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Chronic Fatigue Syndrome is Real

By Irene

Five years ago, I was an active 35-year-old woman who worked full-time as an accountant for a small business, looked after my  two children and enjoyed jogging. I was often described as "full of energy" and always "on the go."

One day, I came down with a bad case of what I thought was "the flu." Two weeks later, I felt a little better, but was still tired and achy. I decided that I would go to work as I thought that getting "up and out" would make my feel better.

On the short walk from the subway to my office, I started to get a headache and felt extremely tired. After about an hour at the office, while reading my email, I could no longer focus on the words. I experienced an overwhelming fatigue that hit my like a brick. I was driven home by a colleague who later told others, "I practically had to carry her to the car."

Upon arriving home, I was bedridden for two whole months, barely able to get up the energy to brush my teeth! I had aches and pains all over my body at times, and felt cold and hot intermittently.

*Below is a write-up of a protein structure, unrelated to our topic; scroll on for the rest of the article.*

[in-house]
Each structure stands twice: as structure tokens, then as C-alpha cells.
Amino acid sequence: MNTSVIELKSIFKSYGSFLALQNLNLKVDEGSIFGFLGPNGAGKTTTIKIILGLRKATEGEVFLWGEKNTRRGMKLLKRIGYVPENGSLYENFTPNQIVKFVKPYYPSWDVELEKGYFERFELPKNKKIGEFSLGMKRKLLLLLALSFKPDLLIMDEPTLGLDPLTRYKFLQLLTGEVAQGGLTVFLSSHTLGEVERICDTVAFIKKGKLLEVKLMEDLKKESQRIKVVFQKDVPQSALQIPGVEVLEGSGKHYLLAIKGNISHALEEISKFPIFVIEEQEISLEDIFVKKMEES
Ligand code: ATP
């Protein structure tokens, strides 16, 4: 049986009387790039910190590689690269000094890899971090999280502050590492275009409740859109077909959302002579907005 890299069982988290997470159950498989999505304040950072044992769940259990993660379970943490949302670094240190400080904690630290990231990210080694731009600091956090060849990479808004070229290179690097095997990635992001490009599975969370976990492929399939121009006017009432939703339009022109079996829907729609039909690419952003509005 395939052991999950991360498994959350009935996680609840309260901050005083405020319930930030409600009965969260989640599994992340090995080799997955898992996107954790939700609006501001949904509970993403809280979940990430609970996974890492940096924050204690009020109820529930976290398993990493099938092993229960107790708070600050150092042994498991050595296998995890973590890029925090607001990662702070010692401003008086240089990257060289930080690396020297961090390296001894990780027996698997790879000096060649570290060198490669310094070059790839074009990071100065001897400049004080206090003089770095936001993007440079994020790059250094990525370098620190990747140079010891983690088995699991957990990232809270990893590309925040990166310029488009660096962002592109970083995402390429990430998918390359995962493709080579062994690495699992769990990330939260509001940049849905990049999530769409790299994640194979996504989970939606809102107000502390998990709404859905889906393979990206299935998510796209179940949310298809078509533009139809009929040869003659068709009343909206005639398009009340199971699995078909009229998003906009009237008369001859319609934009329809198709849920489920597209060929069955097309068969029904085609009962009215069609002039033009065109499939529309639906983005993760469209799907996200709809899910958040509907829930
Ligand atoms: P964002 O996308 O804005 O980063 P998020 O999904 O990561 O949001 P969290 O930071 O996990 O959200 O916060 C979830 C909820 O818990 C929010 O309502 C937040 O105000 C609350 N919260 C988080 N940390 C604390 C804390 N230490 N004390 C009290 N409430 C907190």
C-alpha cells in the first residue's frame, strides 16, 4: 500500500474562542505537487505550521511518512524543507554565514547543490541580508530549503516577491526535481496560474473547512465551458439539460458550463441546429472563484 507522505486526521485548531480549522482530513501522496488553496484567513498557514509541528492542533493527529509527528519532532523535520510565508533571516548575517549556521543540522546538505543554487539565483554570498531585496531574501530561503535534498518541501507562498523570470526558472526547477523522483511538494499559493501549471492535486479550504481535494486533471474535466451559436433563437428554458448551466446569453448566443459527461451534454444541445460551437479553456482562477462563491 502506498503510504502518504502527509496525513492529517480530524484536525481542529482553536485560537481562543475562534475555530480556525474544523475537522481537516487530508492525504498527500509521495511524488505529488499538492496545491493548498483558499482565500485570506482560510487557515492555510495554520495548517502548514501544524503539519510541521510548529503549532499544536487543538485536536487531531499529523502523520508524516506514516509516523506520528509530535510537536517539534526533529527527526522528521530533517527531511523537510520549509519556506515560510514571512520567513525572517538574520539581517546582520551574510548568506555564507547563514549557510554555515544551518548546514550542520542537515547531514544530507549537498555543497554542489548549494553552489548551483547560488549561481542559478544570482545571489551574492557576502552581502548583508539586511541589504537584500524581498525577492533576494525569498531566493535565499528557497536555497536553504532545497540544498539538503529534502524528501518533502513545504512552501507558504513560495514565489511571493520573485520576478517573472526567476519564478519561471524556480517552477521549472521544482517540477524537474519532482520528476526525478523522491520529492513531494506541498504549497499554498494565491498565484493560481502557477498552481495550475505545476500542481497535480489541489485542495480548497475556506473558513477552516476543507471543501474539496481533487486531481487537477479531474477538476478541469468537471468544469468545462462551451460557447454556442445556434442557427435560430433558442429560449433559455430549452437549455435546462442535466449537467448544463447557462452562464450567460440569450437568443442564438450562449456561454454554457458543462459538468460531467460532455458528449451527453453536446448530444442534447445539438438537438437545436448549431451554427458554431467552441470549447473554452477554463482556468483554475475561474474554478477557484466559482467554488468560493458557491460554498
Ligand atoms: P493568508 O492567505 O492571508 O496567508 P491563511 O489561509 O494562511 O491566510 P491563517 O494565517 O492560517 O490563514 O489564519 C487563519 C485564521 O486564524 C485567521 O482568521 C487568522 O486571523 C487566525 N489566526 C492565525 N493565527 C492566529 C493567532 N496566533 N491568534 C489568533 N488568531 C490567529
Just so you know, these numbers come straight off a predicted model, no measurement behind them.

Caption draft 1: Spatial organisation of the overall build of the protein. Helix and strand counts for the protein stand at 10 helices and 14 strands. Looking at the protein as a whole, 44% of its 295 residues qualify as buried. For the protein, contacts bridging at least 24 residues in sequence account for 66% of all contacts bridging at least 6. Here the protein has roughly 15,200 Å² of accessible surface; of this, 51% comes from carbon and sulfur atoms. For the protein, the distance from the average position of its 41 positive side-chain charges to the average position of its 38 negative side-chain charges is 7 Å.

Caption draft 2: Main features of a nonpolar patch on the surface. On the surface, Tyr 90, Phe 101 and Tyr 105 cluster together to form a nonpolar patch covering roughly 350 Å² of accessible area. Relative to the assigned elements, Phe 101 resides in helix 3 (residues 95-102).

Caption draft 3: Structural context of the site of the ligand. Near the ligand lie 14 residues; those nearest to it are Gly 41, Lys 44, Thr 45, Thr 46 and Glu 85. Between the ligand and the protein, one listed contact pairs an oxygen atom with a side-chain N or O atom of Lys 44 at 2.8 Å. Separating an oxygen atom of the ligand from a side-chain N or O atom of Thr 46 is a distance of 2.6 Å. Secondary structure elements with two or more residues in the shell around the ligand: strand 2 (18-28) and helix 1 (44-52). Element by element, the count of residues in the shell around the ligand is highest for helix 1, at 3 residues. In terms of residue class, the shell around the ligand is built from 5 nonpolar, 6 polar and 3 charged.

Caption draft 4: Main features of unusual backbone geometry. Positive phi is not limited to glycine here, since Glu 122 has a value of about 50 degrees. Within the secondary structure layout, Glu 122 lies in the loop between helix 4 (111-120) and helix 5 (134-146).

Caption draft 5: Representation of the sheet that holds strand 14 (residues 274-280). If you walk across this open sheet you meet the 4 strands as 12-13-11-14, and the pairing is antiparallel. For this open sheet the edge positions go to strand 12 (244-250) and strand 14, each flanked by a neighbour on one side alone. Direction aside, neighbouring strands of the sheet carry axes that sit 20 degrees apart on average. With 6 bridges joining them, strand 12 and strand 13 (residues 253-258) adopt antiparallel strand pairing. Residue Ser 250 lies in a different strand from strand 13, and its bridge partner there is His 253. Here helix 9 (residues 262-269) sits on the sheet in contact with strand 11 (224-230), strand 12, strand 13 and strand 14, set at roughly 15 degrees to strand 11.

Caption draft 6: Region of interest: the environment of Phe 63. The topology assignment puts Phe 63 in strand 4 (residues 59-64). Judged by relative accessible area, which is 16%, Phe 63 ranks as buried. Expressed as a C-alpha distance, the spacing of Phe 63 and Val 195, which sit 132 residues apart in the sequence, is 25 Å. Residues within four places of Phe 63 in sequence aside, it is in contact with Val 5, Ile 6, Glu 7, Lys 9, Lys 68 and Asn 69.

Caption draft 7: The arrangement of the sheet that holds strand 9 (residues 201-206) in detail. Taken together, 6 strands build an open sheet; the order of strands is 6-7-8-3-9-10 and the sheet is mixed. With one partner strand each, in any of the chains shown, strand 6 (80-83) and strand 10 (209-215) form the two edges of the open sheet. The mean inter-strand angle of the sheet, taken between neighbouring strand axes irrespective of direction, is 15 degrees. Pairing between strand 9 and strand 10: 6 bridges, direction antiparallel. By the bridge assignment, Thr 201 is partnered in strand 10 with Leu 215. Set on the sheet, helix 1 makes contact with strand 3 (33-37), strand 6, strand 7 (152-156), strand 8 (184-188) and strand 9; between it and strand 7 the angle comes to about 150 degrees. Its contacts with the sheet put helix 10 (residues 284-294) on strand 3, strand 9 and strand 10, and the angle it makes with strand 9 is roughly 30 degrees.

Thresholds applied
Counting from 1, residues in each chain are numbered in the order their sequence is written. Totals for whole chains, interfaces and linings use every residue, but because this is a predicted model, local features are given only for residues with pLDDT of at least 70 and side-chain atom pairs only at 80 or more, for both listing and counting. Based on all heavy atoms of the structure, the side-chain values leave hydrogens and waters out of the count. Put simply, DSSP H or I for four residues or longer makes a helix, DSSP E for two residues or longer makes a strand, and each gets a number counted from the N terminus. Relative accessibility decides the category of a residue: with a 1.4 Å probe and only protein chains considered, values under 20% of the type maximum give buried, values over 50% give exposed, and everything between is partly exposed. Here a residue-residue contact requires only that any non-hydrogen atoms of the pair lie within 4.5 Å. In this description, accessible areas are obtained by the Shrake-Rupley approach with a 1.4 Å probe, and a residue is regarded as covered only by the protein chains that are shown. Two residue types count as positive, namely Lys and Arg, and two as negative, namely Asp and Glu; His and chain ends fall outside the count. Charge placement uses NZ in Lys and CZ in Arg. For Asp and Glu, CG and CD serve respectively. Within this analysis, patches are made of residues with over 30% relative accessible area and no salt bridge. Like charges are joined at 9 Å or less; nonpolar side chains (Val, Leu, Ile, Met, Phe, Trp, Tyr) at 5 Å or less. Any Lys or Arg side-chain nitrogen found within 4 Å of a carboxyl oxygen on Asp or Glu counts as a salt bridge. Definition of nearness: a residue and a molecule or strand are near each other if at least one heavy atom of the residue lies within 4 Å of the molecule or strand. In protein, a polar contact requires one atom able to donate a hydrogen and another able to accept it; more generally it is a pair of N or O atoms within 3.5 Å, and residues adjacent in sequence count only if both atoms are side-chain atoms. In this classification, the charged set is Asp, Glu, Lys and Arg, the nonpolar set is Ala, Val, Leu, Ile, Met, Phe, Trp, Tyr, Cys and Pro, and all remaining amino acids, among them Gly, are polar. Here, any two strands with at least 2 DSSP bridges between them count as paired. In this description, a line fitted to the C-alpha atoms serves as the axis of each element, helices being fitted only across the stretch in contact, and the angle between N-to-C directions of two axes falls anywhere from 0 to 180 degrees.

I tried to watch TV, but I couldn't concentrate on what people were saying. I felt totally debilitated, helpless and frightened. Very slowly, I regained some of my energy, but I was unable to ride a bike with my children, do routine household chores, work for more than one hour, or even socialize without experiencing severe fatigue afterward.  People started treating me differently, as if were making it up. They didn’t understand the limitations I suddenly had. I lost touch with many friends during this time in my life — they seemed to just drift away.

This was completely devastating to me, as I enjoyed my work, playing with my children and socializing with my family and friends. I also felt extremely guilty, as I was no longer contributing to the household income and my husband had to take over many of the household and childcare duties. This was putting a strain on my marriage.

After seeing a series of doctors, including a psychiatrist who diagnosed depression, I was finally diagnosed with chronic fatigue syndrome (CFS).

Eventually, with the help of my doctor and a support group, I learned more about the illness. I learned how to pace myself to avoid "crashing" after I exerted myself. I also learned techniques to enhance my memory, reduce stress and promote relaxation. This helped my to cope with my illness.

As my health improved, I re-discovered a love for drawing, which helped my to relax. Within one year, I was able to return to work on a part-time basis. As my husband learned to understand and accept my illness, our relationship has also improved.



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